What effect will this event have on the sport of OCR? Does this translate into success for other races to return as well?

Spartan's not the only race re-opening soon, Indian Mud Run and Mud Titan are just two of the other events chomping at the bit to get re-started, and all other events including the OCR World Championships will be paying close attention to what happens in the early days of reopening and the success or failures of these events. The successful return to racing is imperative – and sooner rather than later – to keep endurance businesses and event companies afloat, and we're all eager to see the outcome of these pioneers in re-opening.

Brett's Take: The sport needs to take some steps toward holding events, that much is absolutely obvious to us all. A large event like Spartan has a much more difficult time holding an event due to their huge overhead – one Spartan event can cost over $100,000 to produce, and with marketing, some of their events creep up past the quarter-million-dollar mark – and they need at least 2500 athletes just to break even. Smaller local events can turn a profit much more easily, only needing 350 – 500 participants to get their events into the black. With the smaller crowds, distancing is much easier from the parking lot to the finish line, as is controlling the start line using very specific start lines. Smaller events would be best-served to use time trial type starts with one athlete going off every 30 seconds to increase spacing and limit backlogs.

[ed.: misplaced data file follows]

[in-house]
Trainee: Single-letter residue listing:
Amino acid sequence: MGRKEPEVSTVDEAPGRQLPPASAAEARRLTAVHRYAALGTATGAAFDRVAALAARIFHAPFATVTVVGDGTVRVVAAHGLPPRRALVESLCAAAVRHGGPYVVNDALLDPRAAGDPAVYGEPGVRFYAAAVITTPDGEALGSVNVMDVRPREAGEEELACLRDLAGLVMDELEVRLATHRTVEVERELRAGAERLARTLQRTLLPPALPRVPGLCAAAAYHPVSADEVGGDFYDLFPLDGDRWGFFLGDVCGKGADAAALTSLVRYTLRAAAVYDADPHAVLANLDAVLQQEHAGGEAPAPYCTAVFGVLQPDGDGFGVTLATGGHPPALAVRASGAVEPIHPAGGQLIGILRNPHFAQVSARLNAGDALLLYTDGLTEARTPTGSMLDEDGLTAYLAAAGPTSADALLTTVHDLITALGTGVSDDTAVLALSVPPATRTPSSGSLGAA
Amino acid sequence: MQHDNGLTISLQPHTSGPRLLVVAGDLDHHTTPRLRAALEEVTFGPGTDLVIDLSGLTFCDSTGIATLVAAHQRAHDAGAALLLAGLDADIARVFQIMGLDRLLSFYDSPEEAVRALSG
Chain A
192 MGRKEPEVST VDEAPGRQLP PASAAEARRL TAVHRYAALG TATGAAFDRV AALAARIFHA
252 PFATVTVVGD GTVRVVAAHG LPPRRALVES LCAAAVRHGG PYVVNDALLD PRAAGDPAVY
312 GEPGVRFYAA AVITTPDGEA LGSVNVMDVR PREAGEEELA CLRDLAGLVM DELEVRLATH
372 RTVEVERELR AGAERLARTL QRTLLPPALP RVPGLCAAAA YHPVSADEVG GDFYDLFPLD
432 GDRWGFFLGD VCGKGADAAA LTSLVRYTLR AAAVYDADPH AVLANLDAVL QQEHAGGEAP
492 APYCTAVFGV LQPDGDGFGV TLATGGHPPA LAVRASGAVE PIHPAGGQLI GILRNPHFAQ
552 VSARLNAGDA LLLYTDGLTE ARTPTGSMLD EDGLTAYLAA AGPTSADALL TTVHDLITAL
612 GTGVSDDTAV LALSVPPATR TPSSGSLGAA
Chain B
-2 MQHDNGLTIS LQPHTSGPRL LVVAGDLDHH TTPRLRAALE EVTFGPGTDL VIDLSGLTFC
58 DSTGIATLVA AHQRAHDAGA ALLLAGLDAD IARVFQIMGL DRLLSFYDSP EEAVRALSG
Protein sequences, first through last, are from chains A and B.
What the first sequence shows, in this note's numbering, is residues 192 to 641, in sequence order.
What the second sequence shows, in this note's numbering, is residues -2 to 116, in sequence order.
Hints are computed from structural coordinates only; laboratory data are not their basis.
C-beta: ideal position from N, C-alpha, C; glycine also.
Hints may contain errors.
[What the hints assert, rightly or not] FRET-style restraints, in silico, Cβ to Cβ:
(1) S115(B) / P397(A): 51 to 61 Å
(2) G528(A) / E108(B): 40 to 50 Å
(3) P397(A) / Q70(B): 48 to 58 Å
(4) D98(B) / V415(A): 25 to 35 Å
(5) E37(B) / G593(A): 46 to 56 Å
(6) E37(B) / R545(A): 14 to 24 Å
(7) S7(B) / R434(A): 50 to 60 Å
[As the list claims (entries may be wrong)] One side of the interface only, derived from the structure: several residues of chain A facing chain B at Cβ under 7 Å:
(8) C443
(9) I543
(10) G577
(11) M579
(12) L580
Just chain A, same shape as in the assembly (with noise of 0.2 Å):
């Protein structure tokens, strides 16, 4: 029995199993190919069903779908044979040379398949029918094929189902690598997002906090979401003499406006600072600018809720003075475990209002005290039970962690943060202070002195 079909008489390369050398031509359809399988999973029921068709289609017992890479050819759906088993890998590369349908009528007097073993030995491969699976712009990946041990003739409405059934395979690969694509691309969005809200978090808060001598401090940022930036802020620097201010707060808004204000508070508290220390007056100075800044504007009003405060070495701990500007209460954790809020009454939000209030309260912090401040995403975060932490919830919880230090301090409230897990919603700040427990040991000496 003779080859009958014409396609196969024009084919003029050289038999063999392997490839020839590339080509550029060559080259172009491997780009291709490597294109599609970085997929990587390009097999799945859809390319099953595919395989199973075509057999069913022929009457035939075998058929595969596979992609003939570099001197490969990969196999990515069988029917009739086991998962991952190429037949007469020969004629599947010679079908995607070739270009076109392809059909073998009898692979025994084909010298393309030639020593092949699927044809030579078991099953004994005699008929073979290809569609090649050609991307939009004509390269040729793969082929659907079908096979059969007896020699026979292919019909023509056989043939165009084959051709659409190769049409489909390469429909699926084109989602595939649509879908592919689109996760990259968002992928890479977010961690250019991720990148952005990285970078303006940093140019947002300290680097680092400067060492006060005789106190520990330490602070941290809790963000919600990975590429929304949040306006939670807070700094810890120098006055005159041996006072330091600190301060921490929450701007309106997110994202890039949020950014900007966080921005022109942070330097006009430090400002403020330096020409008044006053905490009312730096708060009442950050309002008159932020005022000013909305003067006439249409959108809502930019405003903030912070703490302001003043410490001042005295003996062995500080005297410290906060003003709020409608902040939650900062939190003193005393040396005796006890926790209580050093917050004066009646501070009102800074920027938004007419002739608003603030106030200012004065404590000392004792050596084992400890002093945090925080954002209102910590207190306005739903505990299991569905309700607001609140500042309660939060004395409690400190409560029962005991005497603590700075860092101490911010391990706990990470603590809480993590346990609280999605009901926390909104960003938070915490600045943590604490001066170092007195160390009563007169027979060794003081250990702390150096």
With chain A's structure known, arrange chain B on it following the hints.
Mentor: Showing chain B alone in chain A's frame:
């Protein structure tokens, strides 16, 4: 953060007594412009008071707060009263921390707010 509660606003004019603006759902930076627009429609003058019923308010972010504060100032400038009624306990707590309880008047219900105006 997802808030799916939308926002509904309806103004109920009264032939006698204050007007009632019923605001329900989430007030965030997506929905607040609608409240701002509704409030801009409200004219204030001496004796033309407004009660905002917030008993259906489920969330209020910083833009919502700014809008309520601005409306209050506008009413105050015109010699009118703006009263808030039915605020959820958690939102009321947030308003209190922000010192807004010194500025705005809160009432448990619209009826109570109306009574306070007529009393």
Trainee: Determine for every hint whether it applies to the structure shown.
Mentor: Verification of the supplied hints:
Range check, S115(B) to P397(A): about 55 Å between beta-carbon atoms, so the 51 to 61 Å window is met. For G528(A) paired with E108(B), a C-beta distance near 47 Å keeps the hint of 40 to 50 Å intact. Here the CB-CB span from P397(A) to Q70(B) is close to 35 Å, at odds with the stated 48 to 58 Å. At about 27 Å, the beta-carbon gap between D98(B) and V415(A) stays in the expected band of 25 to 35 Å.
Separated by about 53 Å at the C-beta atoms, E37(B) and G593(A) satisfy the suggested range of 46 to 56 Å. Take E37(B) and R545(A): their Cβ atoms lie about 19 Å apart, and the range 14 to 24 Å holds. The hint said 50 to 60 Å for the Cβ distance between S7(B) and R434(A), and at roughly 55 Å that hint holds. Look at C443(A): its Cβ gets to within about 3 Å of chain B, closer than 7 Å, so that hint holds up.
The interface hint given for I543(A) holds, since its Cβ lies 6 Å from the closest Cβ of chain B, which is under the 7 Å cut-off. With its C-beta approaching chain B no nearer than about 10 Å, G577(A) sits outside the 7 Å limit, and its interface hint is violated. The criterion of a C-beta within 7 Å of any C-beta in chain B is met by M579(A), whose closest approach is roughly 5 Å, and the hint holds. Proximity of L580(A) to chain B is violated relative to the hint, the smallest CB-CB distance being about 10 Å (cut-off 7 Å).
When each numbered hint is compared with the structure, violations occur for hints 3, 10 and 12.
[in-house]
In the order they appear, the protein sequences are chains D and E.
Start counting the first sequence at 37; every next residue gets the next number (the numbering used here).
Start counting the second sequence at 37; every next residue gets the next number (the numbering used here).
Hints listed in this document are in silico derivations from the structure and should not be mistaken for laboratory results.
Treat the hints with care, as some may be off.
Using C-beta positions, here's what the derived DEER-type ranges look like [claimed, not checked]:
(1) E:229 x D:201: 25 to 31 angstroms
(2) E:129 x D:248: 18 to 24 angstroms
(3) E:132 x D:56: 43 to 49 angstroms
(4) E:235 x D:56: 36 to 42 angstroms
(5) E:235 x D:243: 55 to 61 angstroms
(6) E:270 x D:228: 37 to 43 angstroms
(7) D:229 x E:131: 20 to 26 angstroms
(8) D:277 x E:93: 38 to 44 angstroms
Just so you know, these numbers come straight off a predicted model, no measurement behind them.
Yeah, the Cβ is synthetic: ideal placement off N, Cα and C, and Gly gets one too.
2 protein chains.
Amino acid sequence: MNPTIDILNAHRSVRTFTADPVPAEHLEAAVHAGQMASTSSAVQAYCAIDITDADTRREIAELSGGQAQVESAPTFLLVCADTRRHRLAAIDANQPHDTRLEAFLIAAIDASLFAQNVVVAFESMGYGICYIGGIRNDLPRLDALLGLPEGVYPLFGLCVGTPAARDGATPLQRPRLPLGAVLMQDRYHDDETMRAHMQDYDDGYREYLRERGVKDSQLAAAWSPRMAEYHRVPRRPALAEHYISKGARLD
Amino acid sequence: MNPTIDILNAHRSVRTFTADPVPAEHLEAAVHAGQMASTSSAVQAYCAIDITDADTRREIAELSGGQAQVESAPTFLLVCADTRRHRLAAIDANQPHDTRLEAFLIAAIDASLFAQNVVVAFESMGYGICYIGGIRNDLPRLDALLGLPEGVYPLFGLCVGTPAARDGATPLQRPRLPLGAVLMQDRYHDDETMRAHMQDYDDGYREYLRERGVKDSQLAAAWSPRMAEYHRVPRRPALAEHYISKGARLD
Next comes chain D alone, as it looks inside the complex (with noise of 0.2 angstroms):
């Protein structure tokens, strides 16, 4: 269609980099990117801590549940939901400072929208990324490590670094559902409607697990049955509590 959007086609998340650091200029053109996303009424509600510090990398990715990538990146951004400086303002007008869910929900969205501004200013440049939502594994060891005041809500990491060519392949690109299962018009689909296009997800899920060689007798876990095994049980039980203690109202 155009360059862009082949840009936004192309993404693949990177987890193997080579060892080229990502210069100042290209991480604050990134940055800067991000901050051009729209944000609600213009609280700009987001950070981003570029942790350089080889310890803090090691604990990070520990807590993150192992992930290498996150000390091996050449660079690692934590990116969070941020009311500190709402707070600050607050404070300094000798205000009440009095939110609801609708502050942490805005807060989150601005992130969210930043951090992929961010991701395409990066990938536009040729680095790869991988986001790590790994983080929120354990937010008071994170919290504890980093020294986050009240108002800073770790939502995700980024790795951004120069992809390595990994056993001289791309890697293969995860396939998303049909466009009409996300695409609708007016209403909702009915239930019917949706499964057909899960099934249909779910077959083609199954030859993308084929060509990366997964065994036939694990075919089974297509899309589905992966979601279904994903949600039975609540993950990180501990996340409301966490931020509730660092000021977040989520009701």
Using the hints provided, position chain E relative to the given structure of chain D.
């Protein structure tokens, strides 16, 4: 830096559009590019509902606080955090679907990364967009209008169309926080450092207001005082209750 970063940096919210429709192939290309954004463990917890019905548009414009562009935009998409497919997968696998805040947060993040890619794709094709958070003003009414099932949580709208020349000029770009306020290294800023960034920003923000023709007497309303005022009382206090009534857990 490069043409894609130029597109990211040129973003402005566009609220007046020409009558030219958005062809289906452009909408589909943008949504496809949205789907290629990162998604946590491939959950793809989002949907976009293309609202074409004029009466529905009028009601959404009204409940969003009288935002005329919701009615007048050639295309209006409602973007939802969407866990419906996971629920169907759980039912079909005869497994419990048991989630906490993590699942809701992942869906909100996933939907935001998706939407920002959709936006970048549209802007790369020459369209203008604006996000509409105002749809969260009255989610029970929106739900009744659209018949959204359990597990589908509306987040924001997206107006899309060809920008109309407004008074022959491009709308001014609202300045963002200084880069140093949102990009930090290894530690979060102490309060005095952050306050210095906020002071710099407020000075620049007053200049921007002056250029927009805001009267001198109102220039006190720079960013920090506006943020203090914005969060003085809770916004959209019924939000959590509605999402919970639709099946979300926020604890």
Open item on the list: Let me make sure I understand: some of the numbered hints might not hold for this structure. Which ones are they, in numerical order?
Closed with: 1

The Bottom Line

Let's re-state the obvious: If you're reading this there's no question that you want to see OCR events make a strong comeback, myself included. The debate is clearly whether right now is the right time is relatively moot as we just don't know whether athletes will attend, how they interact, and whether they will remain safe and healthy afterward. The only way these questions can be answered is for events to make the choice to open up and offer athletes the choice as to whether they want to attend.

No matter what you choose, please be smart, stay safe, and follow the guidelines.